I did notice that there is a mechanical problem with the diesel that I was unable to see or hear in the large auditorium of the last show. I will have to disassemble the loco to check out the issue. It seems that one of the pickup wipers is "clicking" during the wheel rotation.


questions, questions everywhere, so let's just stop & think

There are a lot of questions flying around in discussion forums. Regular appearances are made by the likes of "What size turnouts should I use", "What colour should my fascia be", "How do I lay track", and "What rail code should I buy"? Reference Byron Henderson's slightly tongue-in-cheek post What sized t-shirt...?.

What can be considered very basic questions are asked for a variety of reasons. While some instances are a real search for answers they can also arise from pure laziness, the desire to pontificate, or even attempts at bushwhacking the self-proclaimed experts who populate all corners of the Internet.

A real tyro needs this basic information just to get started. Magazines like Model Railroader & Railroad Model Craftsman and 'getting started' books by Kalmbach & Carstens Publishing excel at presenting introductory material in an easy-to-digest, highly pictorial manner. The big trouble you run into on a typical forum is that one seemingly simple question will generate dozens of responses, often contradictory or even incomprehensible to a newbie. It's great if the inquirer can manage to sift through the resulting text to figure out what to do but it may leave them more confused and worse off than they started.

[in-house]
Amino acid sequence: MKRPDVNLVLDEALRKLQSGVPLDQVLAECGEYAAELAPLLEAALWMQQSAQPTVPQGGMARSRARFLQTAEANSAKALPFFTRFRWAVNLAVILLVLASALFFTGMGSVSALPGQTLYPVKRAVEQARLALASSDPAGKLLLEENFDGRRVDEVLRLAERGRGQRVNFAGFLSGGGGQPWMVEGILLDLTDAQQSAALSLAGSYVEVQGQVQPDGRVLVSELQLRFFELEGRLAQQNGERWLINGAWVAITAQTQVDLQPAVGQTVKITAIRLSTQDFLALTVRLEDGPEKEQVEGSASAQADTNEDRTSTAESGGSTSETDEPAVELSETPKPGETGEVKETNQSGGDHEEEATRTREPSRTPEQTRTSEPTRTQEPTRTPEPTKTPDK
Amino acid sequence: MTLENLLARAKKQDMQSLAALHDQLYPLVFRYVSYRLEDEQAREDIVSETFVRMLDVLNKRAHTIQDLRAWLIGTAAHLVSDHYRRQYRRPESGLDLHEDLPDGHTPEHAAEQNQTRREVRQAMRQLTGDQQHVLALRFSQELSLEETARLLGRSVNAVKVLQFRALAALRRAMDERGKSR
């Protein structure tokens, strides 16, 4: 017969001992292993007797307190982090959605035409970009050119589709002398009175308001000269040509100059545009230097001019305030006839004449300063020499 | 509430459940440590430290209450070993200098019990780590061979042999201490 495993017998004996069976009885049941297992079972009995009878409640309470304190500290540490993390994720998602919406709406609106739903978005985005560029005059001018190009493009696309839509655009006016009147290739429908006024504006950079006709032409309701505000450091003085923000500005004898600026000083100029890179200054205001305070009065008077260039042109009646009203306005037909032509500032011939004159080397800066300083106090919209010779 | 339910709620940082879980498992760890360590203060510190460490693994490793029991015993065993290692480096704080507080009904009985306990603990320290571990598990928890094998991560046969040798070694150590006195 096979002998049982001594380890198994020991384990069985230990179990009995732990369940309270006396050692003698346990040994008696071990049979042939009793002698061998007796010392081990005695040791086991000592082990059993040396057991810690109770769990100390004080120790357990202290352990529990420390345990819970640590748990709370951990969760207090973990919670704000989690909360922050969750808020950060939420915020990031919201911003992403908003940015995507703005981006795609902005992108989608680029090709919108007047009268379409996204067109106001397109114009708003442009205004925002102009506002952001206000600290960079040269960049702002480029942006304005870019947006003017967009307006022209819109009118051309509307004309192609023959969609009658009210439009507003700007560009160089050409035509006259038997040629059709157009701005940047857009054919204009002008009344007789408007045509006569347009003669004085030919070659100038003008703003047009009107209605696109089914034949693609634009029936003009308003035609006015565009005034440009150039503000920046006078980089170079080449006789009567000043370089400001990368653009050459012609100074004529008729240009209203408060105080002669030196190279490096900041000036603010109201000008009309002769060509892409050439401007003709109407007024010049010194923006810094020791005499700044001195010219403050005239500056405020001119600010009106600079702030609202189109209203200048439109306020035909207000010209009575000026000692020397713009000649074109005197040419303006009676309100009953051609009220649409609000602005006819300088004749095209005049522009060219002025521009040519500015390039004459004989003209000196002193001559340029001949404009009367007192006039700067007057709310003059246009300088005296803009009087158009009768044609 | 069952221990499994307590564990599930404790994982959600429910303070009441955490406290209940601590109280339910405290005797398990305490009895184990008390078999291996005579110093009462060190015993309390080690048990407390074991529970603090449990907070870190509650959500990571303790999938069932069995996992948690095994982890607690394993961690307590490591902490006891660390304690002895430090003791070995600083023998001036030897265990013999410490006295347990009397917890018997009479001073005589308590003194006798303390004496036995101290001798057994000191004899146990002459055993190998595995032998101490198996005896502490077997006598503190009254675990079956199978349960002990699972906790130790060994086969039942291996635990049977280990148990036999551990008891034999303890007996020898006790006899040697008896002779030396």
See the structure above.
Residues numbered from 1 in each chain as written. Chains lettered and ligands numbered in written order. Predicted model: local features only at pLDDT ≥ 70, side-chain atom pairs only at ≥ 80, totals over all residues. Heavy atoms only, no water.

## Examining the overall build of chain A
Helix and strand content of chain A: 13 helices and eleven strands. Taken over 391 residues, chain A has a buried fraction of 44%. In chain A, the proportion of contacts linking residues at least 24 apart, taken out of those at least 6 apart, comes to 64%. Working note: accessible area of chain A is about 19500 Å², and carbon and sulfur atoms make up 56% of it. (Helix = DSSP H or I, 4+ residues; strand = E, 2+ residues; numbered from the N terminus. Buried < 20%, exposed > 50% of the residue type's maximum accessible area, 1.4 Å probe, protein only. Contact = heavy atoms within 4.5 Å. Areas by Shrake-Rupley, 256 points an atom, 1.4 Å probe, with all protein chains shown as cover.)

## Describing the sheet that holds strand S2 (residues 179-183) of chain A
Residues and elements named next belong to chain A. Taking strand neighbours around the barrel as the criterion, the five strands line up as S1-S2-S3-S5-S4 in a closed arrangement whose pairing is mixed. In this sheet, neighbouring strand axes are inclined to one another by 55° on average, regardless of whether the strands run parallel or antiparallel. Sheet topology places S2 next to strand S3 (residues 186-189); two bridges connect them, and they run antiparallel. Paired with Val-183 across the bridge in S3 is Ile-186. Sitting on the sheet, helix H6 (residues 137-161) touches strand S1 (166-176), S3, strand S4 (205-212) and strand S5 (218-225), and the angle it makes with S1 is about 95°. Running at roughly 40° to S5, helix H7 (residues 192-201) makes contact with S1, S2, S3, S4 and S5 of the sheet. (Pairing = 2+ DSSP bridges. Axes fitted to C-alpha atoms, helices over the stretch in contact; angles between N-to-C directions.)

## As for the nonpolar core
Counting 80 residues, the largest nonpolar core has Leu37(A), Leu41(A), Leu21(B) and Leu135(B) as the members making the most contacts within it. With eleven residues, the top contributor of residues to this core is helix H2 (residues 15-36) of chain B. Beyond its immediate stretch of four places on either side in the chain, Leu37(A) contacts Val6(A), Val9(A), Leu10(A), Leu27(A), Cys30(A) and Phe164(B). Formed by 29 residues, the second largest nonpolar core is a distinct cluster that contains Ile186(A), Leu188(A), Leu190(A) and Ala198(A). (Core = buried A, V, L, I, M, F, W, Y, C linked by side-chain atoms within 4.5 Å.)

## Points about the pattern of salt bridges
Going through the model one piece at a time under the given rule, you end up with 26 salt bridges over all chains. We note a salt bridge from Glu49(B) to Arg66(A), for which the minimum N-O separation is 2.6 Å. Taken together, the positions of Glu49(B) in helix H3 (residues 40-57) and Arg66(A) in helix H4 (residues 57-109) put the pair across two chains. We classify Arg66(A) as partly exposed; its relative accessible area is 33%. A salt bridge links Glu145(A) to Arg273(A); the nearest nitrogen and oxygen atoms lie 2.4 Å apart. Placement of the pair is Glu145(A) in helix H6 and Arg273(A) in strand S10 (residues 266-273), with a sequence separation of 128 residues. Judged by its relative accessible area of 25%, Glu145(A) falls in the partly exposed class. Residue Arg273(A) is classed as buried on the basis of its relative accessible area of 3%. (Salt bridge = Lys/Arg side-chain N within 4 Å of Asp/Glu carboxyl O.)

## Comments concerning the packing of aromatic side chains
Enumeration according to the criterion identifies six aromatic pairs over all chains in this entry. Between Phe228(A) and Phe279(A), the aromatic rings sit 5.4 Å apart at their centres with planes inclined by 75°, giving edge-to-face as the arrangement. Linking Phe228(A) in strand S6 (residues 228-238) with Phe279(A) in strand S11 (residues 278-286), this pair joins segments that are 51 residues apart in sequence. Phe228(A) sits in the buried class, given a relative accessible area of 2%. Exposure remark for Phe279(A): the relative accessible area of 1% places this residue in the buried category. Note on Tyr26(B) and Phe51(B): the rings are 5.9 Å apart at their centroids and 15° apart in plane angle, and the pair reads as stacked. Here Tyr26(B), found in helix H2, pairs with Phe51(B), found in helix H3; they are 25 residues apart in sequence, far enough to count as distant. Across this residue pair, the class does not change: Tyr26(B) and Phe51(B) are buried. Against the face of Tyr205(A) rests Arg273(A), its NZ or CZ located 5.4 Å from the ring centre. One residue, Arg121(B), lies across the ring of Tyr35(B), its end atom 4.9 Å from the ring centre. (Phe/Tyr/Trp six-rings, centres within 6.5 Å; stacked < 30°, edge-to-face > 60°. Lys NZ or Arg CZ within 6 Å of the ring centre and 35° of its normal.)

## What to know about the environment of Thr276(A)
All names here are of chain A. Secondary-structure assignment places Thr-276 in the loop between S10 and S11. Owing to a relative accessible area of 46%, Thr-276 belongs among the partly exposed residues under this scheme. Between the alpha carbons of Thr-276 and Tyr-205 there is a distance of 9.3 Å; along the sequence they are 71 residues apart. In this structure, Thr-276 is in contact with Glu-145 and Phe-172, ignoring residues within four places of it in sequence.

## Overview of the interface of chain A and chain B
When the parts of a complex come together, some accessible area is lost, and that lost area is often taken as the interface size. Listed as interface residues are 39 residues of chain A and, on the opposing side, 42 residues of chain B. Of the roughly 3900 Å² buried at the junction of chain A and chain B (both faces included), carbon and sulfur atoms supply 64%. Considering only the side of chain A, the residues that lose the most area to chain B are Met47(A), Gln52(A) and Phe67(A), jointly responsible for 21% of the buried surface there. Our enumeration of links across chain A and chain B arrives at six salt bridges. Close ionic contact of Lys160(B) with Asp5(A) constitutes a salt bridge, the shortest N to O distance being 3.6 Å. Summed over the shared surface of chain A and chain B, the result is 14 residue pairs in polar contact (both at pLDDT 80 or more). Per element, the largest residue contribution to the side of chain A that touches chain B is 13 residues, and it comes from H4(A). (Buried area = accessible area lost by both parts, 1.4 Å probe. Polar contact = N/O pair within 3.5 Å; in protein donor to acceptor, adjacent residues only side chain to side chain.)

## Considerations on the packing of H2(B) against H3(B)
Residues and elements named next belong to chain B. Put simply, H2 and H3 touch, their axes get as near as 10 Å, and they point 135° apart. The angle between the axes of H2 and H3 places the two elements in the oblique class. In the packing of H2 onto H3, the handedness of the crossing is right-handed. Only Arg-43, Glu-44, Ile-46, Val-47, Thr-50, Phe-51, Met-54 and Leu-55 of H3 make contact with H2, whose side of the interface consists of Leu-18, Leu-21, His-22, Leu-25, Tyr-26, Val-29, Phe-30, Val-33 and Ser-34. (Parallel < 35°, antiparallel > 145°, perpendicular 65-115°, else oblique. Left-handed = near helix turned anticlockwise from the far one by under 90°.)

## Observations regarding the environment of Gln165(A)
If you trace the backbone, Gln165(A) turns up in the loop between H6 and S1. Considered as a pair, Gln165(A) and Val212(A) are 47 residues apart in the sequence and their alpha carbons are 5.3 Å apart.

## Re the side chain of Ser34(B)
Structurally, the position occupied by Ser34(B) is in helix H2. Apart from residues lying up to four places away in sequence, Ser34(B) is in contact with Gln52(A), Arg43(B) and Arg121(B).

For many of these questions, the answer is going to be based on personal preference (what scale, what colour, what era) and no one (especially a stranger, even an expert one) will be able to tell you what your personal likes and dislikes are. The newbie will simply have to decide for his or herself. This will require personal effort in historical research, visits to clubs/layouts/real locations, watching videos, and simply reading books & magazines on the subject(s) coupled with some trial-and-error, hands-on work in order to get some idea of what's involved and how capable you are.

Once the initial hurdles of a) simply understanding model railroad specific terms and phrases, and b) learning about your own preferences are overcome, the newbie will be able to ask some informed questions and (hopefully) make better sense of the answers. Choice of an approach (freelance, prototype, protolance) and an honest evaluation of your own skills will shake out some of the remaining details (era, theme, turnout #'s, rail code, etc.)

The Internet has made it tremendously easy to cast a question out into a vast pool of knowledge but it useful to remember that, when fishing in a pool, you do not always hook into something you can digest. Don't rely on others to tell you what to do, or expect the "right" answers to arrive at the surface without getting your own feet wet.